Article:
Product placement secrets revealed

The bloodletting taking place in local TV news operations around the United States is shocking. Newscasts are being cancelled, established talent fired, staffs cut. Placement

Frankly, a good chunk of the value proposition in local TV news died a long time ago, but the Great Recession and the demise of auto-related advertising has sped the process considerably in local television.

Now we’re going to enter a new era of content sharing, product placements and a possible reduction in the number of outlets in any given market doing “standard” newscasts.

I’m going to be writing about all of these things over time, but the hot topic today is product placements. Starbucks has reached an agreement with MSNBC’s Morning Joe program. Talent will drink Starbucks coffee. Yippee.

For years, hair, makeup and wardrobe trade outs have been part of television news. Subtle credits at the end of the show got the advertiser exposure, and the talent looking good.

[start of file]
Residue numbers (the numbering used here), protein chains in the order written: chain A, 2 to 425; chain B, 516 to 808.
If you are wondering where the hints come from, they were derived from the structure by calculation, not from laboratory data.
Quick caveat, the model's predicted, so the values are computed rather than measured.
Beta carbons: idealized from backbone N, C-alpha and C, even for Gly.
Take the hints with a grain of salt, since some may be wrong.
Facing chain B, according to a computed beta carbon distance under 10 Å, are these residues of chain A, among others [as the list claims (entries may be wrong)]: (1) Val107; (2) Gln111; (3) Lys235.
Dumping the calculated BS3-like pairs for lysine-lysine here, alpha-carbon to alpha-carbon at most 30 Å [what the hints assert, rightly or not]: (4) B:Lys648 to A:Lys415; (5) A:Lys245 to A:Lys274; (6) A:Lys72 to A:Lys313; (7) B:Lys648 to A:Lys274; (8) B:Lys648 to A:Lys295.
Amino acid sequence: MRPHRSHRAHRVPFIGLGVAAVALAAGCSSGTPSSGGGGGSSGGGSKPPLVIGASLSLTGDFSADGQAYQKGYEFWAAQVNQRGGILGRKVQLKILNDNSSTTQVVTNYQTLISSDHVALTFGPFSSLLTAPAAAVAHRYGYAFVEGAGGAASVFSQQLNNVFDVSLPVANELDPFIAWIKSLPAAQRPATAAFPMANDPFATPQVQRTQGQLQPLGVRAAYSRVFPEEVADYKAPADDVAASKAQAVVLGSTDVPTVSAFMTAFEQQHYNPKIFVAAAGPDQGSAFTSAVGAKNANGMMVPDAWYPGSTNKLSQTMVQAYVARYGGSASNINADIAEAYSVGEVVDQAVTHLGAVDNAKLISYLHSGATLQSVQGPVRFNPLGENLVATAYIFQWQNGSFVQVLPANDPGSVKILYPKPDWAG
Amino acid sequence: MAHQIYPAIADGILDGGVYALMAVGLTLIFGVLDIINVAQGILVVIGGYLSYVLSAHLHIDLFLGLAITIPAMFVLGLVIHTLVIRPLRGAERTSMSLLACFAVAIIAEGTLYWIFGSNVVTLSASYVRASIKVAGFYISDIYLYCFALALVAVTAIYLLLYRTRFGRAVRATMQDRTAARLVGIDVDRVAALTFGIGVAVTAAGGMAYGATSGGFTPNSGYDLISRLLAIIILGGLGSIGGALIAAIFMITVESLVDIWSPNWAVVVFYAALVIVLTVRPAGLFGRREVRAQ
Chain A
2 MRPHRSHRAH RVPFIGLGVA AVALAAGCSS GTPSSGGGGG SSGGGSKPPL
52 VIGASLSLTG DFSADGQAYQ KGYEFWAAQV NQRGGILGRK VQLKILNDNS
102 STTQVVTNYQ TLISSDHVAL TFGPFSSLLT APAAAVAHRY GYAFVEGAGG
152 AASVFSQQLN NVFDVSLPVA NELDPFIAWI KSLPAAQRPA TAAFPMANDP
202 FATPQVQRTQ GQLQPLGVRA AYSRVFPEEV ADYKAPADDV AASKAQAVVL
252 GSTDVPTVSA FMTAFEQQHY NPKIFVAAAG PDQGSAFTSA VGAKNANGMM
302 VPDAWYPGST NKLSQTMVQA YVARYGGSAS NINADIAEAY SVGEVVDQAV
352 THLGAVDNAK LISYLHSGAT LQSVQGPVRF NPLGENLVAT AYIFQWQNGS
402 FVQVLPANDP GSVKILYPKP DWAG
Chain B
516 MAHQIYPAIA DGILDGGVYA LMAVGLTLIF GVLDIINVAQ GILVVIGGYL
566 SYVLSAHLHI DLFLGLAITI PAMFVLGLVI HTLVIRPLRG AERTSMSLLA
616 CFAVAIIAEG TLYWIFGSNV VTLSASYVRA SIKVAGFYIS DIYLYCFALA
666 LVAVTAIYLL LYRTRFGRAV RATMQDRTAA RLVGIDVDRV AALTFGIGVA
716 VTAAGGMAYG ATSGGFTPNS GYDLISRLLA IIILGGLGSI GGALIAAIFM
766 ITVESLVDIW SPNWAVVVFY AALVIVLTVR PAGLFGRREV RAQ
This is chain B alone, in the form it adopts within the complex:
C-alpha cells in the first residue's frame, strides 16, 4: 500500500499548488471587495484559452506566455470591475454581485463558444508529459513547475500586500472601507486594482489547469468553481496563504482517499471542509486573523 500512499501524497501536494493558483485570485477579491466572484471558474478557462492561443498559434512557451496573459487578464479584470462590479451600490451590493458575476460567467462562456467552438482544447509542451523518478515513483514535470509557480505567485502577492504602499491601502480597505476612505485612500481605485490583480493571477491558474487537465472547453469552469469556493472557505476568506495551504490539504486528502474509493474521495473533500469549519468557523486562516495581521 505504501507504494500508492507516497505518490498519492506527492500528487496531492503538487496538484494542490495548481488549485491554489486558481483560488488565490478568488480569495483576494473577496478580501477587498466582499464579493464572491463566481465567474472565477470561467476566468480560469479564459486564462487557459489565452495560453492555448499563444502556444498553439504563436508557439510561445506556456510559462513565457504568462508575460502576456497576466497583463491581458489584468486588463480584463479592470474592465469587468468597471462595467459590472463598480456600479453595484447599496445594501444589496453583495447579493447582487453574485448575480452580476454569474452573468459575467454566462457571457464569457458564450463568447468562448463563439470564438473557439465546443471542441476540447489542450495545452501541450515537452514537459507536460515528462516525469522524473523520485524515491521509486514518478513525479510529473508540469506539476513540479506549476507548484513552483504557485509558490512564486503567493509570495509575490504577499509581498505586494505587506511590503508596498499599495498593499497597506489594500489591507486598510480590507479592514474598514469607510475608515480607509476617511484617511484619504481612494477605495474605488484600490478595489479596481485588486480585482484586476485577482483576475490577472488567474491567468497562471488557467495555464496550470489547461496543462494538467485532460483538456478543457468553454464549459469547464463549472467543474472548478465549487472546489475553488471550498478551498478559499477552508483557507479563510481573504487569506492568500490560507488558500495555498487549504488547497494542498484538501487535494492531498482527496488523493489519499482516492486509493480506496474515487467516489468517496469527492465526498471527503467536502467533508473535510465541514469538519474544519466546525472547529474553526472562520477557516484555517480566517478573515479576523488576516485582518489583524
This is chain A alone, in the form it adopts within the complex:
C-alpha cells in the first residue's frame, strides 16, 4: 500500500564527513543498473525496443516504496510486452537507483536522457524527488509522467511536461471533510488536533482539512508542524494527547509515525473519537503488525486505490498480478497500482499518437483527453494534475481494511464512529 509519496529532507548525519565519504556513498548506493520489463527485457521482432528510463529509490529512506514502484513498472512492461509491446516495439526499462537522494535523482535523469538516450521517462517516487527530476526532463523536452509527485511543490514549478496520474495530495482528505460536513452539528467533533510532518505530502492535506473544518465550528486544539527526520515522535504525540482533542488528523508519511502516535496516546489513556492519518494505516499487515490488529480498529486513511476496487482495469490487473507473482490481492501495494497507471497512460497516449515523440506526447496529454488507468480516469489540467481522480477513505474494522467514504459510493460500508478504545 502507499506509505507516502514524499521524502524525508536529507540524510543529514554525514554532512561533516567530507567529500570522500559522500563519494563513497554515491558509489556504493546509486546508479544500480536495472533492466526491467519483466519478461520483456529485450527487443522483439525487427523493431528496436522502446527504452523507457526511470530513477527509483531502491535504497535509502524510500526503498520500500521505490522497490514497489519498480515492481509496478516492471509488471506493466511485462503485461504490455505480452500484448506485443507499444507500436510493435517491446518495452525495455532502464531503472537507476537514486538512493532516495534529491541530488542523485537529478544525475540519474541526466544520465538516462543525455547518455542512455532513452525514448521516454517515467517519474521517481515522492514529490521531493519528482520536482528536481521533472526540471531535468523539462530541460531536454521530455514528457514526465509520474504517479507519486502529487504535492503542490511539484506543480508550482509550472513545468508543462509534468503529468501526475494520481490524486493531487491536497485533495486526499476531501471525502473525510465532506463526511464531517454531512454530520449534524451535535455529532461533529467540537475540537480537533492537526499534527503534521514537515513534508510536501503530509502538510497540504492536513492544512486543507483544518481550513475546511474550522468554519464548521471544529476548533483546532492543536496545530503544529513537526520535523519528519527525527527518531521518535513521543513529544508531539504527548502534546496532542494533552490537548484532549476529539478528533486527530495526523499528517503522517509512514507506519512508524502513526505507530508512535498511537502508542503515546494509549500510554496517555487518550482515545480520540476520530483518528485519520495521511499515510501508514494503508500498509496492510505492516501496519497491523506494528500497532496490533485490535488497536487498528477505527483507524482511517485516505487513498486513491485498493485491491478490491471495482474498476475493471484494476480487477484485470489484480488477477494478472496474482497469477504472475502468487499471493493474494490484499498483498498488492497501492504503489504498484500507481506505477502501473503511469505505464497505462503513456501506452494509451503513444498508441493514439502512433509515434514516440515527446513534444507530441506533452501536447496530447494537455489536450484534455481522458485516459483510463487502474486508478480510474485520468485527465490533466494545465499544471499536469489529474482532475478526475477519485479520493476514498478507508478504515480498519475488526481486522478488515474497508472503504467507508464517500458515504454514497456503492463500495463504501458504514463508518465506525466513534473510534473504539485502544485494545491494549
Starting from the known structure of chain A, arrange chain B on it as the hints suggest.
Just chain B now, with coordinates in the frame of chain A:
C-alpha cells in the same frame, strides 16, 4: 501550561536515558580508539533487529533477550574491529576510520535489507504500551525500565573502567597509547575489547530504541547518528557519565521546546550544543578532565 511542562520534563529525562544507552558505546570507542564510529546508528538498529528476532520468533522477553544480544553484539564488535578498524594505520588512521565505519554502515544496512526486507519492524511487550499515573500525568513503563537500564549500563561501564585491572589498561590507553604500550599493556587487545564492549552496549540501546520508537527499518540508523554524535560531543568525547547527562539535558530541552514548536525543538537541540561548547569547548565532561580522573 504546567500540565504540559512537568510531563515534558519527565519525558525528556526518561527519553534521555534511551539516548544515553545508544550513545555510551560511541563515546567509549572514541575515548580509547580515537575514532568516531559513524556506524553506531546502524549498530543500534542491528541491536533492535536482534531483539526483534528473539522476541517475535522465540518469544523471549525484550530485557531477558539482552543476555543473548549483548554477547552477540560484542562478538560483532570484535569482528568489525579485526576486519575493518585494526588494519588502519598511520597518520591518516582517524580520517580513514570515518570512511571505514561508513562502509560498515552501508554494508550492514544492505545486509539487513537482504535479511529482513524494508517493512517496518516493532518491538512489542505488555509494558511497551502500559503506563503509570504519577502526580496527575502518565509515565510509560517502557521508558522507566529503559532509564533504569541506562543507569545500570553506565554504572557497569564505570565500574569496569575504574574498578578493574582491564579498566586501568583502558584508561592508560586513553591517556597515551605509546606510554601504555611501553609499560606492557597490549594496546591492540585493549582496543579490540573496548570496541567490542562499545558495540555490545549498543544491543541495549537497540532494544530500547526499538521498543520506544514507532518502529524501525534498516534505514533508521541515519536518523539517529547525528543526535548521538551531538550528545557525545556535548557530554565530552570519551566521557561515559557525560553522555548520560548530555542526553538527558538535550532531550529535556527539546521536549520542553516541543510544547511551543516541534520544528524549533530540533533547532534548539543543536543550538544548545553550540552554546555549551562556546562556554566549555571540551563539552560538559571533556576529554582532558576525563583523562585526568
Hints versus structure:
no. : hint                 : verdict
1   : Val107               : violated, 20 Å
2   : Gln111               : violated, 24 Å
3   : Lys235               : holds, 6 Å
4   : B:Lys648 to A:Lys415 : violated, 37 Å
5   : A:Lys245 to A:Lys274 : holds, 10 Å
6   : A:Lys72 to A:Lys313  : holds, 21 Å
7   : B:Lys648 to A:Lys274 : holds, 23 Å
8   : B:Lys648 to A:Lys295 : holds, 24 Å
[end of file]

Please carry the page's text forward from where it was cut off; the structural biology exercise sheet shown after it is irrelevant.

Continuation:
Sponsorships and “brought to you by’s” in weather segments or special franchises have also been part of the mix for years.

So is product placement really any different? I think the answer is “yes” if it shapes editorial decision making – but not in the way you might think.

I remember working at a station where we were running a “meter strategy” to attract viewers in the zip codes where we knew the most meters were located. We’d take our psychographic data, our geographic data and try to meld them together into “news” stories to game the boxes. This happens all the time.

It’s not so much that we were spiking stories that hurt advertisers, as much as it was that we were concocting stories out of whole cloth to fit the research. Instead of covering local government for instance, we’d do something on wine tasting in a certain zip code and tease the living hell out of it in the right show on the right night. Why? Because the targets with the boxes ranked wine tasting high on their lists of interests, watched the lead-in we targeted, and lived in a box-rich zip code.

This is the real threat of product placement. Not so much that stories will be spiked, but rather that stories will be shaped to fit advertising needs. The result is packaging commercial speech into a journalistic wrapper. Done skillfully, it might not even be noticed. Viewers will never know what reporting staff resources weren’t spent on. And that’s the danger.